"The Privileges Committee has considered the question of privilege and recommends that Mr van de Molen be censured by the House for threatening a member on account of their conduct as a presiding officer and impeding them in the discharge of their duties as a member," a report released on Thursday says.
The report produced by the Privileges Committee can be found here.
The complaint came from Halbert's Labour colleague Rachel Boyack, who said van de Molen stood over Halbert after the hearing and became "physically and verbally aggressive".
According to the report produced by the Privileges Committee, Boyack said that after being asked by Halbert to move so he could leave the room, the National MP "aggressively asked Mr Halbert to 'stand up'" in a manner that was "suggestive of possible physical violence". It was claimed that van de Molen left the room a short time after "in an aggressive manner".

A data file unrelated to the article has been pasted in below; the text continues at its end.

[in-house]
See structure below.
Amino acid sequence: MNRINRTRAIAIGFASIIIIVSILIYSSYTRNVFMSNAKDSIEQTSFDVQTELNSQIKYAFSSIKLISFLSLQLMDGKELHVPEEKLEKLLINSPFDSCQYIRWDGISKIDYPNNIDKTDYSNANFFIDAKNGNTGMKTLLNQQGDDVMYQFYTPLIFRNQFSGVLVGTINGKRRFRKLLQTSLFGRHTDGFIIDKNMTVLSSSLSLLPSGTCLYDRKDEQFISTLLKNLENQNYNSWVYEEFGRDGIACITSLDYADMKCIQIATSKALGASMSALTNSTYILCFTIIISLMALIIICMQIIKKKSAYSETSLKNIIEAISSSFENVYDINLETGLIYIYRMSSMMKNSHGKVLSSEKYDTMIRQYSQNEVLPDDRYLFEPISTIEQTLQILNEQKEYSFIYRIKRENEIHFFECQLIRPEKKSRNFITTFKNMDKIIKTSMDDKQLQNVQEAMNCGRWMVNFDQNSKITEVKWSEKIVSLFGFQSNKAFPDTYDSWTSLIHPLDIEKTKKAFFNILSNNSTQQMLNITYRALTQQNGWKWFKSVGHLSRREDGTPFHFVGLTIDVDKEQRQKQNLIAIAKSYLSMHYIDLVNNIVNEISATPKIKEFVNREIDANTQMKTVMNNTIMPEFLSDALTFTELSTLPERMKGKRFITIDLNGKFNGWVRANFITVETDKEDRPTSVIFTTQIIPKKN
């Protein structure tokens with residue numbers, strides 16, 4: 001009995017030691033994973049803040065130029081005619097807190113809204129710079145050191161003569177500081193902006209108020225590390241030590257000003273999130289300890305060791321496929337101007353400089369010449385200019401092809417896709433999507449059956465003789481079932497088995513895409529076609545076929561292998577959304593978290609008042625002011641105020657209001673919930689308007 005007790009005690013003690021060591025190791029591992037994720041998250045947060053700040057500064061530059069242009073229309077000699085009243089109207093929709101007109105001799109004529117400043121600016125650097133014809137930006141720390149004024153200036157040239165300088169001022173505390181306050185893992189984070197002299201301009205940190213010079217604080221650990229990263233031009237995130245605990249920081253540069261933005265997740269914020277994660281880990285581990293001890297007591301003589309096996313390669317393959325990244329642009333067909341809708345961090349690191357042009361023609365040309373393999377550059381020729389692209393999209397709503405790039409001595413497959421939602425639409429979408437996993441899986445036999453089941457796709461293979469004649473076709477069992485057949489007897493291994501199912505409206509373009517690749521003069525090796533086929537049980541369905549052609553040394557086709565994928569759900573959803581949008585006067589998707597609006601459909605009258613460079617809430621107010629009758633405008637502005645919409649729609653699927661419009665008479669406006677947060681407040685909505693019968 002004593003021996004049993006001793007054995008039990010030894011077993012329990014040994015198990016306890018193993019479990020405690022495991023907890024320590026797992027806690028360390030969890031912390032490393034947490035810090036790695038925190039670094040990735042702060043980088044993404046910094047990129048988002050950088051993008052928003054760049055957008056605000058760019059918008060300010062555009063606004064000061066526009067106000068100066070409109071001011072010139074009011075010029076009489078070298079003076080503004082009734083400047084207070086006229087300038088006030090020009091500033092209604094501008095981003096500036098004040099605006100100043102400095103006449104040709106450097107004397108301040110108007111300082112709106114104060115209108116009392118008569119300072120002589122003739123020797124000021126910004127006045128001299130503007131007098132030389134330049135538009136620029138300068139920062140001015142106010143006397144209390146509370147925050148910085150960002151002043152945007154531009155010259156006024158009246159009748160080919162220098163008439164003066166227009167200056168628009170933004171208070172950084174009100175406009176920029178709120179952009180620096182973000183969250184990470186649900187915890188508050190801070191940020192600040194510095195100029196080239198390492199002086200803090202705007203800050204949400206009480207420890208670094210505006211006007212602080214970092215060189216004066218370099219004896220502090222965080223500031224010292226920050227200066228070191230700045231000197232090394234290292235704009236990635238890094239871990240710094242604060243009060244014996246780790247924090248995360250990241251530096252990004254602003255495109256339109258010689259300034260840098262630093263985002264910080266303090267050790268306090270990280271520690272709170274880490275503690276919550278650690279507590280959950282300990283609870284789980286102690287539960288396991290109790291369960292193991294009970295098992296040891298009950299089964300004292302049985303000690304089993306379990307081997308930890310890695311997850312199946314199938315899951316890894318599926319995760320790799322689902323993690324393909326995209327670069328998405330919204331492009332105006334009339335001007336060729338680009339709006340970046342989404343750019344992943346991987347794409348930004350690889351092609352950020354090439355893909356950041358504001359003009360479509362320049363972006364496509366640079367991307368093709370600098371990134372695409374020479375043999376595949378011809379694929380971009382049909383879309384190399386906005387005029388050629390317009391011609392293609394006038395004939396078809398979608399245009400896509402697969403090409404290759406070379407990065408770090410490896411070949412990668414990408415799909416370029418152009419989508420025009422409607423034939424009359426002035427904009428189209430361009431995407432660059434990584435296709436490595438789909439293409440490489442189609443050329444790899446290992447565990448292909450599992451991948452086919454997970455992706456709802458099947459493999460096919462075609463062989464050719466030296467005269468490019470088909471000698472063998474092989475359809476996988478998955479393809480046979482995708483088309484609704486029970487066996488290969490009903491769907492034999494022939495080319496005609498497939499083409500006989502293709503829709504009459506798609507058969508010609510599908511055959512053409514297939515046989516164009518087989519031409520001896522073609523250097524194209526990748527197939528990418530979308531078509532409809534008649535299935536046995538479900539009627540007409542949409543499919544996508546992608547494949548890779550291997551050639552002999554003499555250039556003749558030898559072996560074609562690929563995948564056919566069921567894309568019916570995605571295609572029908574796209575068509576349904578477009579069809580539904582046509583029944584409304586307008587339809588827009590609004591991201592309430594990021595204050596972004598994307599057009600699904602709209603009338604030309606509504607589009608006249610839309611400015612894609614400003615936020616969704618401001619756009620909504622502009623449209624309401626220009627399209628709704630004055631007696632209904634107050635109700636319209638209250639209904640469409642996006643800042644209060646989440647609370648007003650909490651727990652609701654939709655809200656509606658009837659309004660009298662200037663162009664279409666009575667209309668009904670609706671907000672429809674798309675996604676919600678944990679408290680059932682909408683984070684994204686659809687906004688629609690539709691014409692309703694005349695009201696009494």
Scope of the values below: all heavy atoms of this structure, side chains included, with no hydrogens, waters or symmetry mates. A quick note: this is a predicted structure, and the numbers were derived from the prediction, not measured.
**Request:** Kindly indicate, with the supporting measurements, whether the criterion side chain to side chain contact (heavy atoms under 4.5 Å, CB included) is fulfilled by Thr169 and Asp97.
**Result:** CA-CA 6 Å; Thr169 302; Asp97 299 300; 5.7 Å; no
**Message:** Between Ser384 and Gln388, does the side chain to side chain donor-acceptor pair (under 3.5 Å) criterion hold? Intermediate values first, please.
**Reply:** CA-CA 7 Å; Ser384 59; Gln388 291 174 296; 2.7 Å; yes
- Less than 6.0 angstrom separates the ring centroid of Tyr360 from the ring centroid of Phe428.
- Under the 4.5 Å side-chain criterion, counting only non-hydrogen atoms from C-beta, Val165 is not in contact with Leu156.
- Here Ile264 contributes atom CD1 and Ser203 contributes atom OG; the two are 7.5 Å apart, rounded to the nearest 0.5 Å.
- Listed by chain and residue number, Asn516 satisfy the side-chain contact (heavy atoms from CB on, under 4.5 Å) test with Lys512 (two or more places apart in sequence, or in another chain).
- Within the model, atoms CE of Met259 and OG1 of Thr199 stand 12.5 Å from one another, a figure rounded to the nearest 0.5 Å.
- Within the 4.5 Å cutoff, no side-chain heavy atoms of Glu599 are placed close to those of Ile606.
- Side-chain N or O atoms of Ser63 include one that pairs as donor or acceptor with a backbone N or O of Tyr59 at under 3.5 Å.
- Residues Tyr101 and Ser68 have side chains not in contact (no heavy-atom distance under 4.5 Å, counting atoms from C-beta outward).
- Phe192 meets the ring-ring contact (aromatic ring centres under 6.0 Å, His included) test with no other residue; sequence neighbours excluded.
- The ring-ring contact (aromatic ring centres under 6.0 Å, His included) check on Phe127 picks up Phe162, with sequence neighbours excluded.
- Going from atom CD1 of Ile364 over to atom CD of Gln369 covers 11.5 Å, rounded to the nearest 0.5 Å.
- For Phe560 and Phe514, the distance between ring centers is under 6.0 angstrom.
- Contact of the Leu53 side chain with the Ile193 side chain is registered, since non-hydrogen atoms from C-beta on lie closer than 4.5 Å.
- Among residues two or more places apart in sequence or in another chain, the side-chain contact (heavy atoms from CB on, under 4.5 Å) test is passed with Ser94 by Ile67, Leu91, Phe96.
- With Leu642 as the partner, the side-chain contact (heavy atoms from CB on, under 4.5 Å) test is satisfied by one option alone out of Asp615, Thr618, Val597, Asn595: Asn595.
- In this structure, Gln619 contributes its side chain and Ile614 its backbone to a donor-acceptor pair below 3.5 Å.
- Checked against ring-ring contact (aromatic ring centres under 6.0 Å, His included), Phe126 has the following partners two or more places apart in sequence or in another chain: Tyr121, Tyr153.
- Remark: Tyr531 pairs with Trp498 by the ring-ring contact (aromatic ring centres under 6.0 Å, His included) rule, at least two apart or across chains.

"Ms Boyack alleged that this incident impeded Mr Halbert’s ability to discharge his duties as chairperson of the select committee, his ability to move unobstructed and unhindered around Parliament, and his ability to participate in proceedings of the House. "
However, according to the report, van de Molen said his recollection of events significantly differed.
"He said that he told Mr Halbert to 'stand up' while still seated in the second Opposition chair (that is, one seat removed from the chairperson’s seat), and that he had intended this to mean that Mr Halbert should stand up for 'the integrity of the committee & fair process'."
The National MP "absolutely rejected" his comment was "in any way a suggestion that a physical altercation was desired". He said he rose to return a water glass and faced Halbert, but denied standing over him or blocking him. He said there was a chair between the two men at the time.